My last word is to say that I got back into film because I dug up my old Minolta when moving and out of curiosity bought some film and snapped a few rolls off. My 5 year old son could not conceive that a sheet of plastic could hold an image, and furthermore than one would have to wait to see it by sending it off to a lab for processing, waiting a week or two for return. When the prints came back he went nuts arranging them and sorting them, hanging them on the wall. It was great fun and real relief not to have to sit in front of the Mac to enjoy photos. He totally got a kick out of the surprise aspect, but he also noticed some shots turned out very poorly and worried we'd have to pay for them still. Now he wants more of the "old fashioned photos". But he still also likes the digital camera for instant gratification (and practise; digital is a Godsend for practise). He likes the instant Fujis as well, but he has noticed the better quality from the SLR and Mamiya. I could have just printed more digital photos, but what my son grasps is that there are different means to an end.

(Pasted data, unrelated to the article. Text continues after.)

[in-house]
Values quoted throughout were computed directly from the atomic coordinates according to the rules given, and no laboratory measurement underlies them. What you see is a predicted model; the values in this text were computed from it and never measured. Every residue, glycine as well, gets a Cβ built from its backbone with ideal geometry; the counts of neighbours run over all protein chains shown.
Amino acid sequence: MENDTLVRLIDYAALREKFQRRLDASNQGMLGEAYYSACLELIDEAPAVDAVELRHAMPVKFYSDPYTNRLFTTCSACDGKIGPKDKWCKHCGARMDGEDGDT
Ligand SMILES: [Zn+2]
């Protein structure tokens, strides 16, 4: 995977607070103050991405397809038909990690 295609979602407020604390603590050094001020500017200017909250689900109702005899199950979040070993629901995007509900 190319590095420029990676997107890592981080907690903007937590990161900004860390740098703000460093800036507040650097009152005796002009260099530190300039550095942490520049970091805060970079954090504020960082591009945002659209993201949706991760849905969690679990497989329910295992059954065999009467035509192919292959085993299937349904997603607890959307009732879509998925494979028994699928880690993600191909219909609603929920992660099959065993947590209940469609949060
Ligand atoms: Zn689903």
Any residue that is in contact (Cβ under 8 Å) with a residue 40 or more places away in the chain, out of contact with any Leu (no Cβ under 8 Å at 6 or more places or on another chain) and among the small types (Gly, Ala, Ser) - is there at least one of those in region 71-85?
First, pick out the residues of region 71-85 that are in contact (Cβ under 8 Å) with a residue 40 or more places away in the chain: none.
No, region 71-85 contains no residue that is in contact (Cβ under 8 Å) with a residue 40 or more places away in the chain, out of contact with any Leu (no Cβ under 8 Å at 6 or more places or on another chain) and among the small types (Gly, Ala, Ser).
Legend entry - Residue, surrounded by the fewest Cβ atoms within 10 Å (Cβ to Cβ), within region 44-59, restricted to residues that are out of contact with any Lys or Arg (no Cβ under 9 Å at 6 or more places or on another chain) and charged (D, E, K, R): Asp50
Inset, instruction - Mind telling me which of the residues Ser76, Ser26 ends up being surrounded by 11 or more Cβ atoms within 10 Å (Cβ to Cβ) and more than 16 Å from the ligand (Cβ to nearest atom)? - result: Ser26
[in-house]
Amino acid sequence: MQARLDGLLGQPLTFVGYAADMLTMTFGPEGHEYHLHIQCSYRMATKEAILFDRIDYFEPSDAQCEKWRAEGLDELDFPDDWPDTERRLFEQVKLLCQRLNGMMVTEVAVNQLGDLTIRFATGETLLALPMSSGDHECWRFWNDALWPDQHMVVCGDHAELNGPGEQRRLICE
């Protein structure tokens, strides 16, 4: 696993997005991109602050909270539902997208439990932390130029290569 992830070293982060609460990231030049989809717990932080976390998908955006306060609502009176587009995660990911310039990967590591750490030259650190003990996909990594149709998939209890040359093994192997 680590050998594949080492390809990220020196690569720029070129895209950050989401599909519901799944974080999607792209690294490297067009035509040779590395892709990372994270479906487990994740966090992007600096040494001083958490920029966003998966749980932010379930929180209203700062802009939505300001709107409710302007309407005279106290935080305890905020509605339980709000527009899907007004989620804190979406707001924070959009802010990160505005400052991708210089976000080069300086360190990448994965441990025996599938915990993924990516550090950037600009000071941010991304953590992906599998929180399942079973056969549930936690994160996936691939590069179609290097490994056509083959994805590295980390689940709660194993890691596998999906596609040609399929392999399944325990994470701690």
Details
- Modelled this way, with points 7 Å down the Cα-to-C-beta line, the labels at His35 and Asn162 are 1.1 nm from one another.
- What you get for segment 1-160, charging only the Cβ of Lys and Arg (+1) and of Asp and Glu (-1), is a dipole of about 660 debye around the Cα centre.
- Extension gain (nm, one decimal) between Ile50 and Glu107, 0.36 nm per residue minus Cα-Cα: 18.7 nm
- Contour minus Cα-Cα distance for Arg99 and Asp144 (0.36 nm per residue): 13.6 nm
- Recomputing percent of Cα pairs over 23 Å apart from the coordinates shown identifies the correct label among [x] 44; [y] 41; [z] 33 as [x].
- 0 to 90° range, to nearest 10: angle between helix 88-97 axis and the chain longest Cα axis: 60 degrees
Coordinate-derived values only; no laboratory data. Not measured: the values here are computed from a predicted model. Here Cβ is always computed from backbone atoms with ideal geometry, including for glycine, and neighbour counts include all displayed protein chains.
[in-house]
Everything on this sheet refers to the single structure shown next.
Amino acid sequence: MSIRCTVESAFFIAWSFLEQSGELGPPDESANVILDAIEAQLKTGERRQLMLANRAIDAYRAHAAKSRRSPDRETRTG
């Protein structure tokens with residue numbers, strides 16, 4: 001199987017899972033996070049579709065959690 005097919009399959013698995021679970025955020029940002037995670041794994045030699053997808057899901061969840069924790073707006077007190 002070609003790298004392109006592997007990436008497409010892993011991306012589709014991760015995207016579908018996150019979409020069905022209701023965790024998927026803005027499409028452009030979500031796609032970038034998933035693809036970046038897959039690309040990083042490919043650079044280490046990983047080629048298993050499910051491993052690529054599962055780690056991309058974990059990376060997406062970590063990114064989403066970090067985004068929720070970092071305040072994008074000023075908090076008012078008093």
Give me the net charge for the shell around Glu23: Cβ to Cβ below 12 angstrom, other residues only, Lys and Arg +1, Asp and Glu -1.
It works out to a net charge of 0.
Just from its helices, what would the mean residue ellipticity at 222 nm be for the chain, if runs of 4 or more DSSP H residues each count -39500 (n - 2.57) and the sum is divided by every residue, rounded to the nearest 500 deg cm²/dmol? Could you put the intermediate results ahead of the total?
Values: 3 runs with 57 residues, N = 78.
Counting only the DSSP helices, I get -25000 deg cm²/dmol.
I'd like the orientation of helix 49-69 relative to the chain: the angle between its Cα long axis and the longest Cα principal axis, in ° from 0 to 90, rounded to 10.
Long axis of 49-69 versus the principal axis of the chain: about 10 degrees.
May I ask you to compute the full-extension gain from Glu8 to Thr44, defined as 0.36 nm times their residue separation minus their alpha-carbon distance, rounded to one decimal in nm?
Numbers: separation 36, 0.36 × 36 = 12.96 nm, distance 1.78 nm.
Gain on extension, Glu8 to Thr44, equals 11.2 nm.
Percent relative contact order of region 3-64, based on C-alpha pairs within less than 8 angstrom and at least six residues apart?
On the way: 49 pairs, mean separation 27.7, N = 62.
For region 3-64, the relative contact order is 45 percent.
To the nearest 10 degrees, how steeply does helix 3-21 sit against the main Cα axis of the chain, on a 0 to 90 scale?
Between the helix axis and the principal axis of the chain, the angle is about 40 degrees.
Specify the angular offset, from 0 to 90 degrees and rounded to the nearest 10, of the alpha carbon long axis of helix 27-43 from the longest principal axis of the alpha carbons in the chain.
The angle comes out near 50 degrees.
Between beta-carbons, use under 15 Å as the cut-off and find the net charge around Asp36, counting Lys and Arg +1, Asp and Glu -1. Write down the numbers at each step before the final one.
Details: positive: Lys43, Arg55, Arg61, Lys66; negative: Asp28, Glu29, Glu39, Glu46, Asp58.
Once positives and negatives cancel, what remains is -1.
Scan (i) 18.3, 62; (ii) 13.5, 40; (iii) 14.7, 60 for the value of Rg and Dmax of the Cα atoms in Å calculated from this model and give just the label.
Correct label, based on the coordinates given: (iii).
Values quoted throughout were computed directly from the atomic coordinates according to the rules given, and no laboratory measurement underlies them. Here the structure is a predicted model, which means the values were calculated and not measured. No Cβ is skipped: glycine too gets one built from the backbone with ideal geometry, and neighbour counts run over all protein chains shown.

I was never arguing that film photography is not tangible. I was arguing that both film and digital are real, viable, and informative regardless, and it is a futile exercise to thump the book down on one side of the table and argue that one is "real" and the other "imaginary". Both are representations. Enjoy them. My 5 year-old got that intuitively.